What are benefits that hexadecimal provides? And is it really octal is less common than hexadecimal?
Well, I mean, the computer itself doesn't store any values in hexadecimal, it stores them as binary. However, we do choose to represent them as hexadecimal digits, for one main reason  it's the easiest, most concise way to represent bytewise data:
0110 1011 becomes 6B in hex
Octal would require grouping of digits into 3, which would not allow for separation at byte level:
01 101 011 becomes 153 in octal
Note that the most significant digit will never be greater than 3.
From wikipedia:
All modern computing platforms, however, use 16, 32, or 64bit words, further divided into eightbit bytes. On such systems three octal digits per byte would be required, with the most significant octal digit representing two binary digits (plus one bit of the next significant byte, if any). Octal representation of a 16bit word requires 6 digits, but the most significant octal digit represents (quite inelegantly) only one bit (0 or 1). This representation offers no way to easily read the most significant byte, because it's smeared over four octal digits. Therefore, hexadecimal is more commonly used in programming languages today, since two hexadecimal digits exactly specify one byte.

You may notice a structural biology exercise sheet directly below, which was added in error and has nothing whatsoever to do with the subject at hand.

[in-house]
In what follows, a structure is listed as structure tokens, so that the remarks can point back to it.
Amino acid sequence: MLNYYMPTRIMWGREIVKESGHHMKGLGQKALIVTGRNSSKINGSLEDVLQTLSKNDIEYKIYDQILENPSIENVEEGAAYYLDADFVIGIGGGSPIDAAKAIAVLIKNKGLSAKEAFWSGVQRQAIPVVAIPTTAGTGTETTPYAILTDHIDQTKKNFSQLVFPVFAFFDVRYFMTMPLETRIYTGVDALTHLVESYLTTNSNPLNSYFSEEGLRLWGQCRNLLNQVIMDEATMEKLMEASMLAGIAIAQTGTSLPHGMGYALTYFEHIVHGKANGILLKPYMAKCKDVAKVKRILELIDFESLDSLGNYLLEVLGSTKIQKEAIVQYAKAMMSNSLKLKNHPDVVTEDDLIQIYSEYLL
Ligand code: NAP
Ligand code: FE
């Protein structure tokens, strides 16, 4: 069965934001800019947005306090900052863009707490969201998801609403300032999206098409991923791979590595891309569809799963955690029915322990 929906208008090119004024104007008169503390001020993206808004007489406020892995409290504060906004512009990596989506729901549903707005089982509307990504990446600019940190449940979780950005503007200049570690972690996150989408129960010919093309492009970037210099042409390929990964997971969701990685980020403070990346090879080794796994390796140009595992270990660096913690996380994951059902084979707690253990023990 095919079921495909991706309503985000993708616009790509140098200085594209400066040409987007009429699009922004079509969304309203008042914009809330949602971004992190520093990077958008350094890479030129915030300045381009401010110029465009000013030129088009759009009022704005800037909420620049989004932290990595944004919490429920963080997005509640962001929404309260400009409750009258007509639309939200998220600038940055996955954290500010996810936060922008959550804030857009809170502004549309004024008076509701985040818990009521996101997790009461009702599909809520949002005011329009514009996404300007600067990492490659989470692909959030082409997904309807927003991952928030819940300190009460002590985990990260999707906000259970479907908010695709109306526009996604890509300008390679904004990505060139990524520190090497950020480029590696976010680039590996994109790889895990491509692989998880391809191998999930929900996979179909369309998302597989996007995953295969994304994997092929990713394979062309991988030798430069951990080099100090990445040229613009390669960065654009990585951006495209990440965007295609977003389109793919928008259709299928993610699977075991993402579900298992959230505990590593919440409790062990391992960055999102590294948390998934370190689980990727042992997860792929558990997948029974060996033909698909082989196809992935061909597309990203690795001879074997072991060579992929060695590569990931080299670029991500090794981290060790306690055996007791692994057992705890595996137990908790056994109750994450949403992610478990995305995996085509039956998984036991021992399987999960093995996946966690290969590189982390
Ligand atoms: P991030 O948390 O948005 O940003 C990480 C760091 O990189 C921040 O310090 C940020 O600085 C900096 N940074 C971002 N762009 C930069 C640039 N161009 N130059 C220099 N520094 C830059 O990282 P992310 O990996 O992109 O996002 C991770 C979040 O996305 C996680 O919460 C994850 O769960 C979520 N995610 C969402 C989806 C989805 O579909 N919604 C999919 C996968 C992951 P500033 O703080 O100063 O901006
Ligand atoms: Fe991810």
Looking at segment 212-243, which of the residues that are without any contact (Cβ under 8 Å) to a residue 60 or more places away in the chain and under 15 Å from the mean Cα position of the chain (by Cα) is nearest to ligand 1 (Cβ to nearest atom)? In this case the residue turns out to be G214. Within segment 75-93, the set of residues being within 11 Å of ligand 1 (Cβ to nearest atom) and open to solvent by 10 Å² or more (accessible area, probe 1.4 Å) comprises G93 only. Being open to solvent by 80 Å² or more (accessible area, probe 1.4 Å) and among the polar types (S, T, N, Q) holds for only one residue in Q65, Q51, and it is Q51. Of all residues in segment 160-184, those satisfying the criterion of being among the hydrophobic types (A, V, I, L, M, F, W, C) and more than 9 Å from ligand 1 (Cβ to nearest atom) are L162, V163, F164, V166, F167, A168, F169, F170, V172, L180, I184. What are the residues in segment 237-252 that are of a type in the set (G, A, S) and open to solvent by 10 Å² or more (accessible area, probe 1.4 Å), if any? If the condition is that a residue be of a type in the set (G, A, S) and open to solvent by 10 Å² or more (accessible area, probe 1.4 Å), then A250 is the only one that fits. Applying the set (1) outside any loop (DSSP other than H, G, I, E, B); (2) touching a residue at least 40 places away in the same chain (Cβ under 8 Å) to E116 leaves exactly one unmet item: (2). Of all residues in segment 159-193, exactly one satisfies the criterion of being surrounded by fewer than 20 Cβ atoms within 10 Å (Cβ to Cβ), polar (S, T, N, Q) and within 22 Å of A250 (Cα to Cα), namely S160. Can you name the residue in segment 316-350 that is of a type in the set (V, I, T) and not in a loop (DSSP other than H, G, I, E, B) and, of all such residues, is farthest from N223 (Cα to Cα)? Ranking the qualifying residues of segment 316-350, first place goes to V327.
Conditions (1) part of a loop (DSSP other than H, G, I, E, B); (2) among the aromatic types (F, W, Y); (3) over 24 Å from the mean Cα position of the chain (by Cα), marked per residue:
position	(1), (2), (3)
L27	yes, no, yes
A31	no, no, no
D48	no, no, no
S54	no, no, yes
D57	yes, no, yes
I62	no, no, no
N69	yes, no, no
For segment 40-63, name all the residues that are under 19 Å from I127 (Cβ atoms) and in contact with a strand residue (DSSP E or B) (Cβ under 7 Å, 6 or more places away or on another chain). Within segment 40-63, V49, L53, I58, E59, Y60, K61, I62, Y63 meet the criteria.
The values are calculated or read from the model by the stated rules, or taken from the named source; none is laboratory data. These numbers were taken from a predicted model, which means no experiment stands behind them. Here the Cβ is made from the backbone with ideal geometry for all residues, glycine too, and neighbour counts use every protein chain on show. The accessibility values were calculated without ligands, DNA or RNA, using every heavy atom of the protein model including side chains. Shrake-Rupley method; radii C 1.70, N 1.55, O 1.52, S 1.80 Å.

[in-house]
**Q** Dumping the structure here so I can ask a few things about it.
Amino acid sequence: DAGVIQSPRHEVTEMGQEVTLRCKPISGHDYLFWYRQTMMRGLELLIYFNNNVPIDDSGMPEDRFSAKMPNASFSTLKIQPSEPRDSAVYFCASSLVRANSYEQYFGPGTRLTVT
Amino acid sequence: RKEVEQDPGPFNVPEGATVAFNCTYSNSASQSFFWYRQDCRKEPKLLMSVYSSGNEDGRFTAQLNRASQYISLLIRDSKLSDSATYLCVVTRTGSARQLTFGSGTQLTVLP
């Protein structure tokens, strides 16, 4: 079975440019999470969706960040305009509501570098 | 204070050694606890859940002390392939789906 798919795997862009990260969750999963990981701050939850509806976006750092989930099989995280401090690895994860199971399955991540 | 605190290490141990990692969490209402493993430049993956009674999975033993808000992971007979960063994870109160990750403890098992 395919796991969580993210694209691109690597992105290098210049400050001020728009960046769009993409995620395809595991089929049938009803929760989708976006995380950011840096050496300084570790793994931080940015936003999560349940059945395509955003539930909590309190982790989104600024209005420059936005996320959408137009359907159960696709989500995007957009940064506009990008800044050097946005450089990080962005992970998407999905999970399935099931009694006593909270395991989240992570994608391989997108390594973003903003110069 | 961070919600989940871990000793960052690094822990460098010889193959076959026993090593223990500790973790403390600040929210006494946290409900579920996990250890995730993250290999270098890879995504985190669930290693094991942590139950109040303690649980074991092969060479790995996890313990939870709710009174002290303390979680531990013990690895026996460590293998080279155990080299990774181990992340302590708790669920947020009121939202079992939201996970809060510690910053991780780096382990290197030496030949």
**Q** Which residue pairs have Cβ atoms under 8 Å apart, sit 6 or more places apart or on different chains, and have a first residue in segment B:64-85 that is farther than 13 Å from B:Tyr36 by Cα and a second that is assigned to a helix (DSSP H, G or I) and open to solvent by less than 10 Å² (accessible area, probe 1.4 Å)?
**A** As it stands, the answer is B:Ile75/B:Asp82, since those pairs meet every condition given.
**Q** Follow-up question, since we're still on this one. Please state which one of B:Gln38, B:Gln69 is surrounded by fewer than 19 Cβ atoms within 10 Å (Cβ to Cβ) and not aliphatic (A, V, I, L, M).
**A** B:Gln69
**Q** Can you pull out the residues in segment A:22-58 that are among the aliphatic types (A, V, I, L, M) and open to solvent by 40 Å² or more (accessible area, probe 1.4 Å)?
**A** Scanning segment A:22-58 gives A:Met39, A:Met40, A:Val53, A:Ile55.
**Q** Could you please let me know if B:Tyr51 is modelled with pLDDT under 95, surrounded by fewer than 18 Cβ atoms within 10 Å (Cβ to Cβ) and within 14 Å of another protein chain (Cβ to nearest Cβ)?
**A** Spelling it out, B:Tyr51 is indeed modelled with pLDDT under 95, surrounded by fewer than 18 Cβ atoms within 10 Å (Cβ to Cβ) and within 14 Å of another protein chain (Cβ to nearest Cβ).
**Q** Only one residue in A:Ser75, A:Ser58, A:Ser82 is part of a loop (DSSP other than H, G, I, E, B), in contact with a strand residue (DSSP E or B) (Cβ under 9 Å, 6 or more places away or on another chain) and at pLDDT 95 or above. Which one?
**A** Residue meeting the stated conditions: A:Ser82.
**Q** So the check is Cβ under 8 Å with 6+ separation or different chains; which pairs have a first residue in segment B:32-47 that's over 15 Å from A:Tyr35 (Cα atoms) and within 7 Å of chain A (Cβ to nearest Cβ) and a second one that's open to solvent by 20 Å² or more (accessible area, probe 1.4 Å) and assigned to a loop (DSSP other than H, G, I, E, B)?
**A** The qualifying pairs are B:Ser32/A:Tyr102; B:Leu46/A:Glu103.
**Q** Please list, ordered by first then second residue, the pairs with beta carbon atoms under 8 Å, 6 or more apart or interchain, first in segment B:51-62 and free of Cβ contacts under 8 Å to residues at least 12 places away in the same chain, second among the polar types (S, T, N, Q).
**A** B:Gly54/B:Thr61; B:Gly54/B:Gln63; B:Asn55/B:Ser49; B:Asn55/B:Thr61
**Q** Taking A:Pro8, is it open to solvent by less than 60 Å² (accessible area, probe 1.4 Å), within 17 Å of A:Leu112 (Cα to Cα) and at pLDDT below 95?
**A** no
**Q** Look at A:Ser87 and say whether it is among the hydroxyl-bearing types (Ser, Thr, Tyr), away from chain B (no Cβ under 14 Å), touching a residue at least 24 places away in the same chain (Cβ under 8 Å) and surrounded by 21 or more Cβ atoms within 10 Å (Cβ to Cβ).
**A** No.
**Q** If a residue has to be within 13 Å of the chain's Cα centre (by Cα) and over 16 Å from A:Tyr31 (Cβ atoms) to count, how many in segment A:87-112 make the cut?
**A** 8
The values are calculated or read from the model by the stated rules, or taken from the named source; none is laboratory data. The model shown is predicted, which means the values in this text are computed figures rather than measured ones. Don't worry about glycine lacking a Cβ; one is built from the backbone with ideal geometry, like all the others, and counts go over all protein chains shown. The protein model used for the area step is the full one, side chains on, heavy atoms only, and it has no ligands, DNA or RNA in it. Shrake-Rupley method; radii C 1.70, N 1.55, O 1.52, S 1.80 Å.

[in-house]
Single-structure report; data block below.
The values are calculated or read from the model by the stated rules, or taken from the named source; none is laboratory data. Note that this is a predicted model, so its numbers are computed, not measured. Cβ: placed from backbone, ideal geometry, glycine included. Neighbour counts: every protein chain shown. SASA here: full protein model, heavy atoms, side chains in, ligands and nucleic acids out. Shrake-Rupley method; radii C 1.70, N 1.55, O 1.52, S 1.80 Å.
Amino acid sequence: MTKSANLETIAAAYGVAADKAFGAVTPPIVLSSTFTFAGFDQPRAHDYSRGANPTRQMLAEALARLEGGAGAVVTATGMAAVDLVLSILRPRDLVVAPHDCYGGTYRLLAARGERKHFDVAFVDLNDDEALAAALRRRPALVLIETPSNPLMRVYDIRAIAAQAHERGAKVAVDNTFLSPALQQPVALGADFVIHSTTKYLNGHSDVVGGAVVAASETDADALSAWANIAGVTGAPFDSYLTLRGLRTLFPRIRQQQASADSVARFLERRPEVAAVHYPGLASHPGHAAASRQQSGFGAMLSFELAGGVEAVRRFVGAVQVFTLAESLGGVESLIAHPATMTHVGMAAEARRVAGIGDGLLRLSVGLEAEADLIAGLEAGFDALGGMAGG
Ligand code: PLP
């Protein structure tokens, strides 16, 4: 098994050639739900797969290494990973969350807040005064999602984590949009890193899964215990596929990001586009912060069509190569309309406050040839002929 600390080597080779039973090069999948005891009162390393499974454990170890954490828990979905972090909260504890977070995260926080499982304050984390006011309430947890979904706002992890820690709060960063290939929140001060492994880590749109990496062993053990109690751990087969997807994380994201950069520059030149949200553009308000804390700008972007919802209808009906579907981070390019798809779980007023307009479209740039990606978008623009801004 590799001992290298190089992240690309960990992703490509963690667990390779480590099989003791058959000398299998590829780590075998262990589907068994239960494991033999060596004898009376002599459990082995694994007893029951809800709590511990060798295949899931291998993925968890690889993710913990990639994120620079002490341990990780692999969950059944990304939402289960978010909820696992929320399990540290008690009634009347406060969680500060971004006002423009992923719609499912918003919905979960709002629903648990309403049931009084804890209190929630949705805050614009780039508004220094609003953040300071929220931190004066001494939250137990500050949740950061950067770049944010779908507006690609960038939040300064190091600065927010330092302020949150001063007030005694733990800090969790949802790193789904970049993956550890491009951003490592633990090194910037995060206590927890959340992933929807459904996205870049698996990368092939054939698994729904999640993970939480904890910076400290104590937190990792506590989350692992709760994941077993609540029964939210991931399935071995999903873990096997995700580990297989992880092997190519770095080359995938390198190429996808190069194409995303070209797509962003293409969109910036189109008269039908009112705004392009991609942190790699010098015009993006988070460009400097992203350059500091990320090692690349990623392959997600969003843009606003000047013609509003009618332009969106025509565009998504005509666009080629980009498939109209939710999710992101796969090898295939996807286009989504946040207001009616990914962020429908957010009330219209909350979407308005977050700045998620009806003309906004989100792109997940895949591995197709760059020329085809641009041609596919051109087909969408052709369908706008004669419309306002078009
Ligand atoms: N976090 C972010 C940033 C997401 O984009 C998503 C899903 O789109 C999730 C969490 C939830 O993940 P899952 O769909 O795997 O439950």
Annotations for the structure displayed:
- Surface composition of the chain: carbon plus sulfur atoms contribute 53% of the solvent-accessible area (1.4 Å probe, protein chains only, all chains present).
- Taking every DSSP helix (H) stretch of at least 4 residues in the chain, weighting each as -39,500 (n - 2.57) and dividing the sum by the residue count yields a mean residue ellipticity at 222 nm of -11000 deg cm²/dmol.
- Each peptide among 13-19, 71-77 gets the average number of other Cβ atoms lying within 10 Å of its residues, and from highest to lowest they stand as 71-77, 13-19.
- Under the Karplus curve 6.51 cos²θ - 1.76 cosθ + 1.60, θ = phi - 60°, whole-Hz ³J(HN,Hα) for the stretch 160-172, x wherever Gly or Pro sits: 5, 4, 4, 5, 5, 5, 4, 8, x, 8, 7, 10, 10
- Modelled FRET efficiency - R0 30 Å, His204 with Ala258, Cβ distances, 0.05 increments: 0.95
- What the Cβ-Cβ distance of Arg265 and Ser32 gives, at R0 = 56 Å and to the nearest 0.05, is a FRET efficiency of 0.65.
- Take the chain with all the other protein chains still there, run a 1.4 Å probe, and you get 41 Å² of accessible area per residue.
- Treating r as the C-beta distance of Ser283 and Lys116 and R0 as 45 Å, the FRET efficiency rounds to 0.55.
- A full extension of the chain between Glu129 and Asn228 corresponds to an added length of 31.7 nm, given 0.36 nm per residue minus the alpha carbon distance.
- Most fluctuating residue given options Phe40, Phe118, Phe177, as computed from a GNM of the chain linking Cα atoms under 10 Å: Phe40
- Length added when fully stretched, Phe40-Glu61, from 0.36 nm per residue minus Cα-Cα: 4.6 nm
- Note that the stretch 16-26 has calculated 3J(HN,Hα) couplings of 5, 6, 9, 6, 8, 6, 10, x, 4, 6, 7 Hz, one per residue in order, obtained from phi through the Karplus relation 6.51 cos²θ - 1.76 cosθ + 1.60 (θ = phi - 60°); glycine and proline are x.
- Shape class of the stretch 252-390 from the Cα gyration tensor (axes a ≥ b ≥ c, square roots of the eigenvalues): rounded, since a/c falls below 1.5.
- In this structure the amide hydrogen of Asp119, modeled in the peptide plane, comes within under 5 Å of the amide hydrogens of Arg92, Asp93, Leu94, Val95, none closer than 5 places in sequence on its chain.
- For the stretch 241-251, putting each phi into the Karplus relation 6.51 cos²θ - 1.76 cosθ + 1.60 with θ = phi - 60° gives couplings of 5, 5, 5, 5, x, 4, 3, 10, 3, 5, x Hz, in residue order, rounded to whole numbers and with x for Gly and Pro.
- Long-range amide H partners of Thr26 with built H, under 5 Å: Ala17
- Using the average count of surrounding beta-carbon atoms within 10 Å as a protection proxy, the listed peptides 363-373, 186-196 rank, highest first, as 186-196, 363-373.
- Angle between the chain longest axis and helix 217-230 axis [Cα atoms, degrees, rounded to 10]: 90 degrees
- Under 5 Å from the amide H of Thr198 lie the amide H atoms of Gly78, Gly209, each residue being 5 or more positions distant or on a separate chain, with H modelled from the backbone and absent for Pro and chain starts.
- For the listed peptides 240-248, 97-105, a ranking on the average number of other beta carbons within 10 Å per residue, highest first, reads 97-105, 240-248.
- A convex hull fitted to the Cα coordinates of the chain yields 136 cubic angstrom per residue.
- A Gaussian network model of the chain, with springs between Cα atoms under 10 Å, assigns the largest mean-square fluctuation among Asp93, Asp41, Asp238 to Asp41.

As said before, everything is stored in binary. Think; the IPv4adress 192.168.0.1 in binary it would be 11000000.10100000.00000000.00000001. Imagine an IPv6address written in binary. It would be unpractical.

As an aside, the dotteddecimal IP address
192.168.0.1
is the unsigned int3232235521
which how it's actually stored (which translates into the binary you've posted, but without the dots). Jan 20 '15 at 4:09